Class I MHC Ag cross processing allows exogenous or vacuolar Ags to be processed for presentation to CD8+ T cells. Cross processing is essential for priming of CD8+ naive T cells by dendritic cells (DCs) in lymph nodes. A less recognized but potentially critical role of cross processing is to allow cells in non-lymphoid organs that are infected with vacuolar pathogens, e.g. Mycobacterium tuberculosis (MTB), to present pathogen-derived antigens to CD8+ effector T cells to elicit cytokine production or cytolytic function. DCs and macrophages may both harbor MTB and may hypothetically present MTB Ags to CD8+ effector T cells, allowing CD8+ T cells to contribute to containment of MTB infection. Research direction: This grant is to study basic mechanisms of bacterial Ag processing with a primary focus on MHC-I cross processing. MTB is selected as a model organism that represents an excellent model for processing of intravacuolar pathogens in addition to its significance as a human pathogen. Questions to be solved: We do not know which MTB-infected APCs have cross processing function;this has important implications for generation of immune responses vs. immune evasion. We do not understand mechanisms for cross processing of vacuolar pathogens, e.g. MTB, and cross processing functions of physiologically important lung APCs have not been investigated. Hypothesis: Cross processing of vacuolar organisms (e.g. MTB) allows recognition of infected cells by CD8+ T cells, contributing to host defense. DCs and macrophages may both cross present Ags to effector T cells, although they may use different cross processing mechanisms, undergo different regulation by pathogens, and play different roles in immune responses.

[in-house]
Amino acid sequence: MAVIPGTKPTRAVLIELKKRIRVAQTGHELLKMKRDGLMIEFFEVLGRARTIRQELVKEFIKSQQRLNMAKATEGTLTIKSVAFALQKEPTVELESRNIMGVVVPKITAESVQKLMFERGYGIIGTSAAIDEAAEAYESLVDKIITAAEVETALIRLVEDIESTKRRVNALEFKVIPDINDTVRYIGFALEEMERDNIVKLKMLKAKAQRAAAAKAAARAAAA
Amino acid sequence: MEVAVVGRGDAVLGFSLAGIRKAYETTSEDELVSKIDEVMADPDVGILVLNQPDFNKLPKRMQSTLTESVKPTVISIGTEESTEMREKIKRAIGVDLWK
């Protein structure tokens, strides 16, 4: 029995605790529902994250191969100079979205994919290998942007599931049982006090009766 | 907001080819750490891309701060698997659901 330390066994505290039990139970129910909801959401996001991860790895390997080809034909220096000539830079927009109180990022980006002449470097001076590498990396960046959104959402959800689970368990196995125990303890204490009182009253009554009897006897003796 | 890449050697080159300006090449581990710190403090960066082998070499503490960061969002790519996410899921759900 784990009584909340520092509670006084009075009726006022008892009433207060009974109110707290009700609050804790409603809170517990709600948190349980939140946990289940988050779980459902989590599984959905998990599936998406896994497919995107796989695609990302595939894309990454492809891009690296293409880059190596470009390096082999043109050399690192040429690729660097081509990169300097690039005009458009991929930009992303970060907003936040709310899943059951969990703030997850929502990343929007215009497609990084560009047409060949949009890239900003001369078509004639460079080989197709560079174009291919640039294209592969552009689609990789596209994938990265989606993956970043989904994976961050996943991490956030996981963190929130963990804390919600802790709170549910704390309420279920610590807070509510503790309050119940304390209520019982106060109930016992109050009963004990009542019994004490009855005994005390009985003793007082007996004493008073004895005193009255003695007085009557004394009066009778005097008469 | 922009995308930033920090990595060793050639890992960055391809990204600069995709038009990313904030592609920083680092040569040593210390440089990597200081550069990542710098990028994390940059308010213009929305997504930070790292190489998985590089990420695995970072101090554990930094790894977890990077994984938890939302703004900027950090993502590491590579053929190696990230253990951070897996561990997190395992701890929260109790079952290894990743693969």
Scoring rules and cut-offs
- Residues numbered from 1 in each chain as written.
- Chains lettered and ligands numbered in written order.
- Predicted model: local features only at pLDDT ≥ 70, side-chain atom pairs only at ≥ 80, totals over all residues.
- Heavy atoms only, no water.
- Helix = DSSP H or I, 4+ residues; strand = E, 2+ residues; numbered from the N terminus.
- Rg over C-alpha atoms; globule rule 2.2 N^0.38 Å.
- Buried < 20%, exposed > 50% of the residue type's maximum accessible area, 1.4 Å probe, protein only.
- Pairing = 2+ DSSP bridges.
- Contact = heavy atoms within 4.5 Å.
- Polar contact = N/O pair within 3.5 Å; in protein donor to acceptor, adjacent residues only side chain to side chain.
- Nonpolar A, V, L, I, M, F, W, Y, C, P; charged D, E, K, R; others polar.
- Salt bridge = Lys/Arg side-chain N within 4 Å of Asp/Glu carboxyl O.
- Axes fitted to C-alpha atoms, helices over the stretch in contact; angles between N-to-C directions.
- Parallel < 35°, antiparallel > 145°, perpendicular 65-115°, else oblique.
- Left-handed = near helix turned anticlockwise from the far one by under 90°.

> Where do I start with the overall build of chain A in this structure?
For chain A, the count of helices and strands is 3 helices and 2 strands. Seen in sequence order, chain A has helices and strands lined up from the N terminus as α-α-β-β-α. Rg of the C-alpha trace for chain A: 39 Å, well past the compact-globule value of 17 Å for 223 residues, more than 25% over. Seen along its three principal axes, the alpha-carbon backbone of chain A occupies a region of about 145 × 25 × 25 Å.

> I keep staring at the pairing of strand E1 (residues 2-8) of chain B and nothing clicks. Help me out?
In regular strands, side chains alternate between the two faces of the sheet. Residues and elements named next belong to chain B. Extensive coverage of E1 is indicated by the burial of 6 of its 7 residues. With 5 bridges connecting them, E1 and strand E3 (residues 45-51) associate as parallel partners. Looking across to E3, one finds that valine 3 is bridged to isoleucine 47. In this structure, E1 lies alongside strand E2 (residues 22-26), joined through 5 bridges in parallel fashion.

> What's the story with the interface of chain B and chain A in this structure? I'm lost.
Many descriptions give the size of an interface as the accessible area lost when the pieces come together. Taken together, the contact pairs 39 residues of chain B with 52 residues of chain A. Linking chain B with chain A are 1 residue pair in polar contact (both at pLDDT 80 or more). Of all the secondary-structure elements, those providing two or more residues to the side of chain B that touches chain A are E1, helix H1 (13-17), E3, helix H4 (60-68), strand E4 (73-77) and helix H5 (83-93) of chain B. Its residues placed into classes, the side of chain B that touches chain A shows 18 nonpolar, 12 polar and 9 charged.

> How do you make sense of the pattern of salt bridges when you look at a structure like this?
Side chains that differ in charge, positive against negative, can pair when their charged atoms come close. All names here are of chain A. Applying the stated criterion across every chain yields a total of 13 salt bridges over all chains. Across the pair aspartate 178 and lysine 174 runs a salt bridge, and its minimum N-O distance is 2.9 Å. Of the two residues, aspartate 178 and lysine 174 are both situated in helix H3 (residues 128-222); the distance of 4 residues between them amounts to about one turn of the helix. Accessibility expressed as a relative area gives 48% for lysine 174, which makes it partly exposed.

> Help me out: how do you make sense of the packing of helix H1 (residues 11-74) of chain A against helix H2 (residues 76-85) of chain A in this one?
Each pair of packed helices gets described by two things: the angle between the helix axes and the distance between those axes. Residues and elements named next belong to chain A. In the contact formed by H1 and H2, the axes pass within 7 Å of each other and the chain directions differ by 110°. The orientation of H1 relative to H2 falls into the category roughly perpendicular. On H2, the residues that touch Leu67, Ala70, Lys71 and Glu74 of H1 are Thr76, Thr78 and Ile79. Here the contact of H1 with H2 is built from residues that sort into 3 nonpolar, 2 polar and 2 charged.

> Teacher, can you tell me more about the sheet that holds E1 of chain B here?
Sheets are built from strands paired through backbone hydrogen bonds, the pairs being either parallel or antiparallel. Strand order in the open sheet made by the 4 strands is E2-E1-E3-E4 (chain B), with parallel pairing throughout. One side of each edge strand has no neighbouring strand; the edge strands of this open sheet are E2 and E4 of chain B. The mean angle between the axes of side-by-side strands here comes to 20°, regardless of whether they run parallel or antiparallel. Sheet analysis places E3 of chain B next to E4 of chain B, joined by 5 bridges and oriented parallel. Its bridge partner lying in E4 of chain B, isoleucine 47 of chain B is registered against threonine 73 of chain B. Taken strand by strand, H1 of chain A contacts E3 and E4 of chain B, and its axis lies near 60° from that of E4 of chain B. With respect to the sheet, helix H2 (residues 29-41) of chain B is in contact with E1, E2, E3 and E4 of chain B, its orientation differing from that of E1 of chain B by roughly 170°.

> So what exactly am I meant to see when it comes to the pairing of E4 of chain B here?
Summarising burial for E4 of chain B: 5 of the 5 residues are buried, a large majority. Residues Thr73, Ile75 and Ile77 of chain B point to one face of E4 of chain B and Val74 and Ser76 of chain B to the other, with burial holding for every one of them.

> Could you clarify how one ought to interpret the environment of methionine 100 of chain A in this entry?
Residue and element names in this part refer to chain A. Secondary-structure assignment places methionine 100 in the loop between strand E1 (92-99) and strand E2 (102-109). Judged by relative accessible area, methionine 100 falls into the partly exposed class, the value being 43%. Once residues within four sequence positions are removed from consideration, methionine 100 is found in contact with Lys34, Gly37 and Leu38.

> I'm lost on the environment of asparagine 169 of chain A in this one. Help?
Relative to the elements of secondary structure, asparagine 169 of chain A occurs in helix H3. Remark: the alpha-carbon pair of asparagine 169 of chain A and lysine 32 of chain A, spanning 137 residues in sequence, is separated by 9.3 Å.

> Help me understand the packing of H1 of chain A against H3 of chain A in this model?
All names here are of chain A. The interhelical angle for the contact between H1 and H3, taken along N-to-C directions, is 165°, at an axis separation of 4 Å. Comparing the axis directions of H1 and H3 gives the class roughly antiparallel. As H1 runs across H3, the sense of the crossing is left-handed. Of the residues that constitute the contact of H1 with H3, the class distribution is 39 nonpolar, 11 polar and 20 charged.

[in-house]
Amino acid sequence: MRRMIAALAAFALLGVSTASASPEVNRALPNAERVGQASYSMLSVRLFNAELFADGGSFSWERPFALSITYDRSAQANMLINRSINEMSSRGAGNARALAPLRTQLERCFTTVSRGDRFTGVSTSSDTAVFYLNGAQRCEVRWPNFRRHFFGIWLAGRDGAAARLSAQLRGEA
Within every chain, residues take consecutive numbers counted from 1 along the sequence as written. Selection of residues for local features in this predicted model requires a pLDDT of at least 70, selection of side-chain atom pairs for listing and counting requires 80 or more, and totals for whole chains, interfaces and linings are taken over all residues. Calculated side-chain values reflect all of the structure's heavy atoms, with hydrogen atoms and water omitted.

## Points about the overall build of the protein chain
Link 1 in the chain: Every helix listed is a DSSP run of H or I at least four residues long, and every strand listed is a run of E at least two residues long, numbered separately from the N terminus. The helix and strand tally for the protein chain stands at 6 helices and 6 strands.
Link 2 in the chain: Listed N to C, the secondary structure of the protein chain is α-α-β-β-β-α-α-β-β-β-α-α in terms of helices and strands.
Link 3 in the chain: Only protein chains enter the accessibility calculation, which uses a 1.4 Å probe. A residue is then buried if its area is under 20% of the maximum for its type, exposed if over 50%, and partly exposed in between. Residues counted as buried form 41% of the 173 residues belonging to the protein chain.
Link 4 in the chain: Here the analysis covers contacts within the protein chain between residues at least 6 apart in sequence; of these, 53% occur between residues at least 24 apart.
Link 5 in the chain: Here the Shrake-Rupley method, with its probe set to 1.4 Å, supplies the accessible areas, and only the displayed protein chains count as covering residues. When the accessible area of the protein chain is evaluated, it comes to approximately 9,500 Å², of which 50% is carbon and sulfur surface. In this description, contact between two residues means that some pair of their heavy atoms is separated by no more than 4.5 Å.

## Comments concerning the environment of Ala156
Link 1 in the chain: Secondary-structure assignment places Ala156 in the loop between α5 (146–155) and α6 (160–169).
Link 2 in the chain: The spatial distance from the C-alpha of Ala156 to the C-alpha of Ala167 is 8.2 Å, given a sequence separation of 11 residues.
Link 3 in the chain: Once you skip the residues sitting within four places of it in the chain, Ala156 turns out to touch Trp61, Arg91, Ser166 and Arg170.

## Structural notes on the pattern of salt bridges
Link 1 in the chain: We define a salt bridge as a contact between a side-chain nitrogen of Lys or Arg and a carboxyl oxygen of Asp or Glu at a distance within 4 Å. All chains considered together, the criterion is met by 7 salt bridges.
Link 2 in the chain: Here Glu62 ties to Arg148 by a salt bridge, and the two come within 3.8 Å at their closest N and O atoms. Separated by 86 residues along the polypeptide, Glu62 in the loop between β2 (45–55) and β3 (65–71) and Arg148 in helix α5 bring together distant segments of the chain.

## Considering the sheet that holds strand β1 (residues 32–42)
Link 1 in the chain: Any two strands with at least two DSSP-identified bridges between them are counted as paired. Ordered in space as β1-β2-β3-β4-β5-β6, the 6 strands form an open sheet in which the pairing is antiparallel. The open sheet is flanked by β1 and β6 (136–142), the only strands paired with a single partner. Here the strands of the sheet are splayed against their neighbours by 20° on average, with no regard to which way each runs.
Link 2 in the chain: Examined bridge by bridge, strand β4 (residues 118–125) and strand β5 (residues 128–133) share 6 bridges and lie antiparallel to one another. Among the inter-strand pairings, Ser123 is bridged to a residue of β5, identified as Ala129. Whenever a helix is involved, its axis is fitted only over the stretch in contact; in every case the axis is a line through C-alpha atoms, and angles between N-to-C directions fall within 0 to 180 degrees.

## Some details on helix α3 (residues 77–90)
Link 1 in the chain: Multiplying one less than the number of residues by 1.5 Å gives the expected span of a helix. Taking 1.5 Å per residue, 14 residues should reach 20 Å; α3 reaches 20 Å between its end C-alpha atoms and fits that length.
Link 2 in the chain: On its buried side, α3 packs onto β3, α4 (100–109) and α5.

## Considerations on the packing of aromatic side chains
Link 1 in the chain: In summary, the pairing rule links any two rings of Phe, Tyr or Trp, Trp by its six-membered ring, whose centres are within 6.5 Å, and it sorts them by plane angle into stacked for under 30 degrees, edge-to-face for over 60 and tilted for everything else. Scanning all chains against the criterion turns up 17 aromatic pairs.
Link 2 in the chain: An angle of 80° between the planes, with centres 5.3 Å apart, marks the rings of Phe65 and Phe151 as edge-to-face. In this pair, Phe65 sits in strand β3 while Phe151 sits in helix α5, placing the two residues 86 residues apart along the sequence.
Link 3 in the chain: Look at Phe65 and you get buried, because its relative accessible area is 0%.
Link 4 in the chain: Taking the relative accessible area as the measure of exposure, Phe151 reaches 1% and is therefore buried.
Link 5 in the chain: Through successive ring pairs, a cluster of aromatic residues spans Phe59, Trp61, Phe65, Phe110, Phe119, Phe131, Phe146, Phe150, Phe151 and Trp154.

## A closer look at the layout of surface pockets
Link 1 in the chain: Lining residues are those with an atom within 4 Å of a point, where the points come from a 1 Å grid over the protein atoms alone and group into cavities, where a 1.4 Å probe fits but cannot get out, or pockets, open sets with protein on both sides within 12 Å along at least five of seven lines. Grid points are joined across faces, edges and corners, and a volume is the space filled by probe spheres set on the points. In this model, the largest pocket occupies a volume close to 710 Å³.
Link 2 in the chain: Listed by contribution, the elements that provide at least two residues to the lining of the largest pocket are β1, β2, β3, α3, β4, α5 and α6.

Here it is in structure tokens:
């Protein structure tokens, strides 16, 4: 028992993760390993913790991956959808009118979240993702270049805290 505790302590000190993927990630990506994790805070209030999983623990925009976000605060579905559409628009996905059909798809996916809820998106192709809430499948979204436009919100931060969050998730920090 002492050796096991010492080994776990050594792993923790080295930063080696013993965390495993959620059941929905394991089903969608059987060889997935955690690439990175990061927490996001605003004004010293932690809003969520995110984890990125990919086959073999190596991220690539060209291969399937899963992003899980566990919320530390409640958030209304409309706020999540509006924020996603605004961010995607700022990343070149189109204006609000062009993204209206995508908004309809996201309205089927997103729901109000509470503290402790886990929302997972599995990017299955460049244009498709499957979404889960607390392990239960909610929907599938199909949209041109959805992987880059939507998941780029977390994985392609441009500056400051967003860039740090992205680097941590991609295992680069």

Aim 1 addresses basic mechanisms of cross processing of MTB.
Aim 2 investigates the cross processing functions of lung APCs.
Aim 3 addresses regulation of cross processing by Toll-like receptors, interferons and MTB. Significance in lay terms: These studies will discover mechanisms that allow immune recognition of the causative agent of tuberculosis by CD8+ T cells, which help fight tuberculosis infection. This will increase our understanding of tuberculosis pathogenesis and aid development of strategies for enhanced vaccine design or immunotherapy for tuberculosis and other diseases.
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